Unfortunately in life, financial challenges can come about for any of us. Be it unexpected bills, a life event like a divorce, or a job loss, it is possible for anyone to fall behind on debts. This, in turn, can lead to mental health problems and anxiety. If you are behind on bills or debts, you might be worried about the possibility of your bank or financial institution taking your money if you fail to pay your debts on time. In Canada, the laws and regulations around debt collection are designed to strike a balance between protecting creditors and ensuring debtors are treated fairly. So, can the bank take my money if I fall behind on debts? In this article, we answer this question and share the steps you should take if you find yourself in this scenario.
How do unsecured debts work?
Unsecured debts are debts that you secure without surrendering any collateral against. This includes debts like credit card debts or student loan debts, and often results in a higher interest rate as they cannot rely on seizing collateral if payments are missed. Unlike secured debts, whereby the associated collateral may be seized, this means that your creditor – or bank – may be able to withdraw funds from other accounts you may hold with them. While this varies in the terms of each unsecured loan, if you continue to fail to make your payments on time, your creditor could take various collection methods to reclaim their funds.
Can the bank take my money if I fall behind on debts?
Yes, they can. In fact, most banks and financial institutions will include terms and conditions in their agreements which entitle them to withdraw funds from one account to pay off an overdue debt at the same institution. Say, for instance, you have a chequing account and a personal loan with RBC. Should you miss a loan payment, RBC can transfer money directly from your chequing account to go towards the outstanding personal loan. This can be up to the amount overdue to bring your personal loan current once again. Your bank or institution do not need to let you know in advance that they are going to do this, and they do not need a court order. These terms would have been indicated in the agreement you signed when you first took out the personal loan. Your bank could even reverse one of your regular payments – like a utility bill – and apply the funds towards your debt instead.
Are there limits to what the bank can take?
While it can feel terrifying that a bank can essentially help themselves to your account if you hold debts with them elsewhere, there are some limits to what they can withdraw. Unless they have a court order, they may only withdraw money from your accounts for debts at the same institution, or those owed to the Canada Revenue Agency. This means that other financial institutions or banks that you may owe to cannot call your bank account and request funds. If you are facing signs of financial difficulty, It is a good idea to open an account at a bank where you do not owe money. If you transfer your funds to this new account, the bank will not be able to withdraw from your account. While this is a good short term tactic, you should work on a plan to get yourself out of debt.
What else can banks do to reclaim their money?
While not just applicable to banks, but any creditor you might owe money, a creditor could obtain a court judgment against you for an unsecured debt. This means they could pursue further action against you, including a wage garnishment. A wage garnishment is the process of deducting your paycheque at source via your employer if you fail to make debt payments. While there are limits on the amount that can be garnished, this can still have a significant impact on your finances. They might also choose to freeze your bank account so that you cannot access your funds until the debt is settled. Another action they could pursue is placing a lien against your home, potentially putting your home at risk. If you are being threatened with any of these actions, you should reach out to a Licensed Insolvency Trustee immediately in order to try and prevent them from taking place.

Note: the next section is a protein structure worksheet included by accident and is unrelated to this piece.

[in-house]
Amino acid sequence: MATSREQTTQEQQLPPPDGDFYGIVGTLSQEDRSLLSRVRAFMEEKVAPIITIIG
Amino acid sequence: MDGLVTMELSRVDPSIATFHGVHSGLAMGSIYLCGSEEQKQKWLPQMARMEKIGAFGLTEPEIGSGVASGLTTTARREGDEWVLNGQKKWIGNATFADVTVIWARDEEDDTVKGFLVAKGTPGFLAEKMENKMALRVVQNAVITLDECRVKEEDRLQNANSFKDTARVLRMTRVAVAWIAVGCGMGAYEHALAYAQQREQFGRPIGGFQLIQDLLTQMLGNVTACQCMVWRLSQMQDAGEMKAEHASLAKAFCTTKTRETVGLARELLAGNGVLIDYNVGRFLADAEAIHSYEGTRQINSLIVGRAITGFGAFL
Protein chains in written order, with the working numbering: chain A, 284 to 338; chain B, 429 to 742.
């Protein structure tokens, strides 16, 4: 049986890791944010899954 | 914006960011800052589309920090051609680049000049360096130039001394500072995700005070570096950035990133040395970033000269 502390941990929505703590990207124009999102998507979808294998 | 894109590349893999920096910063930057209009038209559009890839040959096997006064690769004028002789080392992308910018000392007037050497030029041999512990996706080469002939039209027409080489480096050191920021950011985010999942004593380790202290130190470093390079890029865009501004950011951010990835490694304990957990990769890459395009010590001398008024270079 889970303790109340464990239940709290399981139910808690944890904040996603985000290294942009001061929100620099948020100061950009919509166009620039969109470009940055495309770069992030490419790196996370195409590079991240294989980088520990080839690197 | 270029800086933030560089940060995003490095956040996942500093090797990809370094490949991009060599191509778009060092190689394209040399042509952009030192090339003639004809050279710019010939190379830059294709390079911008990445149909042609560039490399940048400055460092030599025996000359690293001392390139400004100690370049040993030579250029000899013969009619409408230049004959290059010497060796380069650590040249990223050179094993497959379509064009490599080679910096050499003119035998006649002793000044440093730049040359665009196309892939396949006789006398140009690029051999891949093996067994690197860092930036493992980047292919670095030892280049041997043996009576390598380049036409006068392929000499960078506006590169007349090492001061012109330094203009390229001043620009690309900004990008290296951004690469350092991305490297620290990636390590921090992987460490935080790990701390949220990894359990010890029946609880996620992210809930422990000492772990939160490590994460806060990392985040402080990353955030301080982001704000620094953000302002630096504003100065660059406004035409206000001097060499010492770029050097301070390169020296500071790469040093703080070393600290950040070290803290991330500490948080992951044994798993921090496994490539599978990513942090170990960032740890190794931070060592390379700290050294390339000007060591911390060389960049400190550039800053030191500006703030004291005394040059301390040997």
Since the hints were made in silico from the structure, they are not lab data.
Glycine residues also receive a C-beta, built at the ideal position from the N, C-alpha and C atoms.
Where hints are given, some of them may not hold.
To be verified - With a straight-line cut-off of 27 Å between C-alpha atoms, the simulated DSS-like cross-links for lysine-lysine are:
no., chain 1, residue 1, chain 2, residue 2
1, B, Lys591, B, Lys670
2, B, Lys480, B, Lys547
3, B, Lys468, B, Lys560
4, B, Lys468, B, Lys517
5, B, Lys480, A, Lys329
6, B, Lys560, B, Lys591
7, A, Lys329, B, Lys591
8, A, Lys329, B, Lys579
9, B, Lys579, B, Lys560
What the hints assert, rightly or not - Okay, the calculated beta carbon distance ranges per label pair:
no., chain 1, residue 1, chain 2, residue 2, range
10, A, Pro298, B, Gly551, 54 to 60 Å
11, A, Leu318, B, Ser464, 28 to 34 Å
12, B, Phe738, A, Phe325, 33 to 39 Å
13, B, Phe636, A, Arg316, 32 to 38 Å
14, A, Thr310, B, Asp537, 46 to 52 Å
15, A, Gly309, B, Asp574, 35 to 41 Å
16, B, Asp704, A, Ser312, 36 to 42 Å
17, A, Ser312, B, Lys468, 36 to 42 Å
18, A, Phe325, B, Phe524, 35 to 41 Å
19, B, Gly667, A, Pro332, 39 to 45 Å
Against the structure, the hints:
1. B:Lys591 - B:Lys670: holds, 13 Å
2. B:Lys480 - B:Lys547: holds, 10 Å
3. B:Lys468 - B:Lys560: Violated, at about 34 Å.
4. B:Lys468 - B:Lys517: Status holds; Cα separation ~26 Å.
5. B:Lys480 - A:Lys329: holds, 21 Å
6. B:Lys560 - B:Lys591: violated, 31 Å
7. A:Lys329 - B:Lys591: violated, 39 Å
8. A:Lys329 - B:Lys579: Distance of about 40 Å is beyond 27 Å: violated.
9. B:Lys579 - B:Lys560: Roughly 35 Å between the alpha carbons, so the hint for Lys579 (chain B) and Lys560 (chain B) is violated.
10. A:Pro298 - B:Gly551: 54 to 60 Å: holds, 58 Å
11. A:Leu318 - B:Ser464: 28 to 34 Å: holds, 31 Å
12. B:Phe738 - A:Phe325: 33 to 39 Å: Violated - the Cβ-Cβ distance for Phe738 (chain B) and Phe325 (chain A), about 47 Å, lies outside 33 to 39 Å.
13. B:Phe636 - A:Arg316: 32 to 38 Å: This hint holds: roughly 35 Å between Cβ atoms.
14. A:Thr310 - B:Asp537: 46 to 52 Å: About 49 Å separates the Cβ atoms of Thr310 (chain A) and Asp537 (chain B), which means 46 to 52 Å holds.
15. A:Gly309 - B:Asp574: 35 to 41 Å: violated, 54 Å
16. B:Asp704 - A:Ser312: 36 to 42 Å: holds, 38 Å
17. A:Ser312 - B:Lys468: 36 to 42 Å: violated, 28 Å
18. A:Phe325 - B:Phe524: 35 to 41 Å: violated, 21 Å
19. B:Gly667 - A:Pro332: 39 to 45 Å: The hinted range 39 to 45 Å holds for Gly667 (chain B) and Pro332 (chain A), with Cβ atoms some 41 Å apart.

How to stop banks taking your money
While short term tactics like moving your funds away from your bank might help temporarily, banks could take other actions. You will likely experience collection calls and could even face legal action. The best thing to do in this scenario is to speak to a reputable Licensed Insolvency Trustee. The only professionals in Canada legally able to file all forms of debt relief, they are well placed to review your financial circumstances and suggest an appropriate solution. At Spergel, we have been helping Canadians begin a fresh financial future for over thirty years. Unlike other bankruptcy firms, you will be assigned your very own Licensed Insolvency Trustee to walk you through the entire debt relief journey, instead of passing you from person to person. By filing a legal form of debt relief like bankruptcy or a consumer proposal, we can help to permanently stop action from creditors with a stay of proceedings. The sooner you reach out to a Licensed Insolvency Trustee to review your options, the more options that might be available to you.
Further questions on ‘can the bank take my money if I fall behind on debts?’ Book a free consultation with a reputable Licensed Insolvency Trustee at Spergel. We offer free, confidential consultations to any Canadian worried about their financial situations. We will review your circumstances, and help you on the journey to a fresh financial future. Reach out today – you owe it to yourself.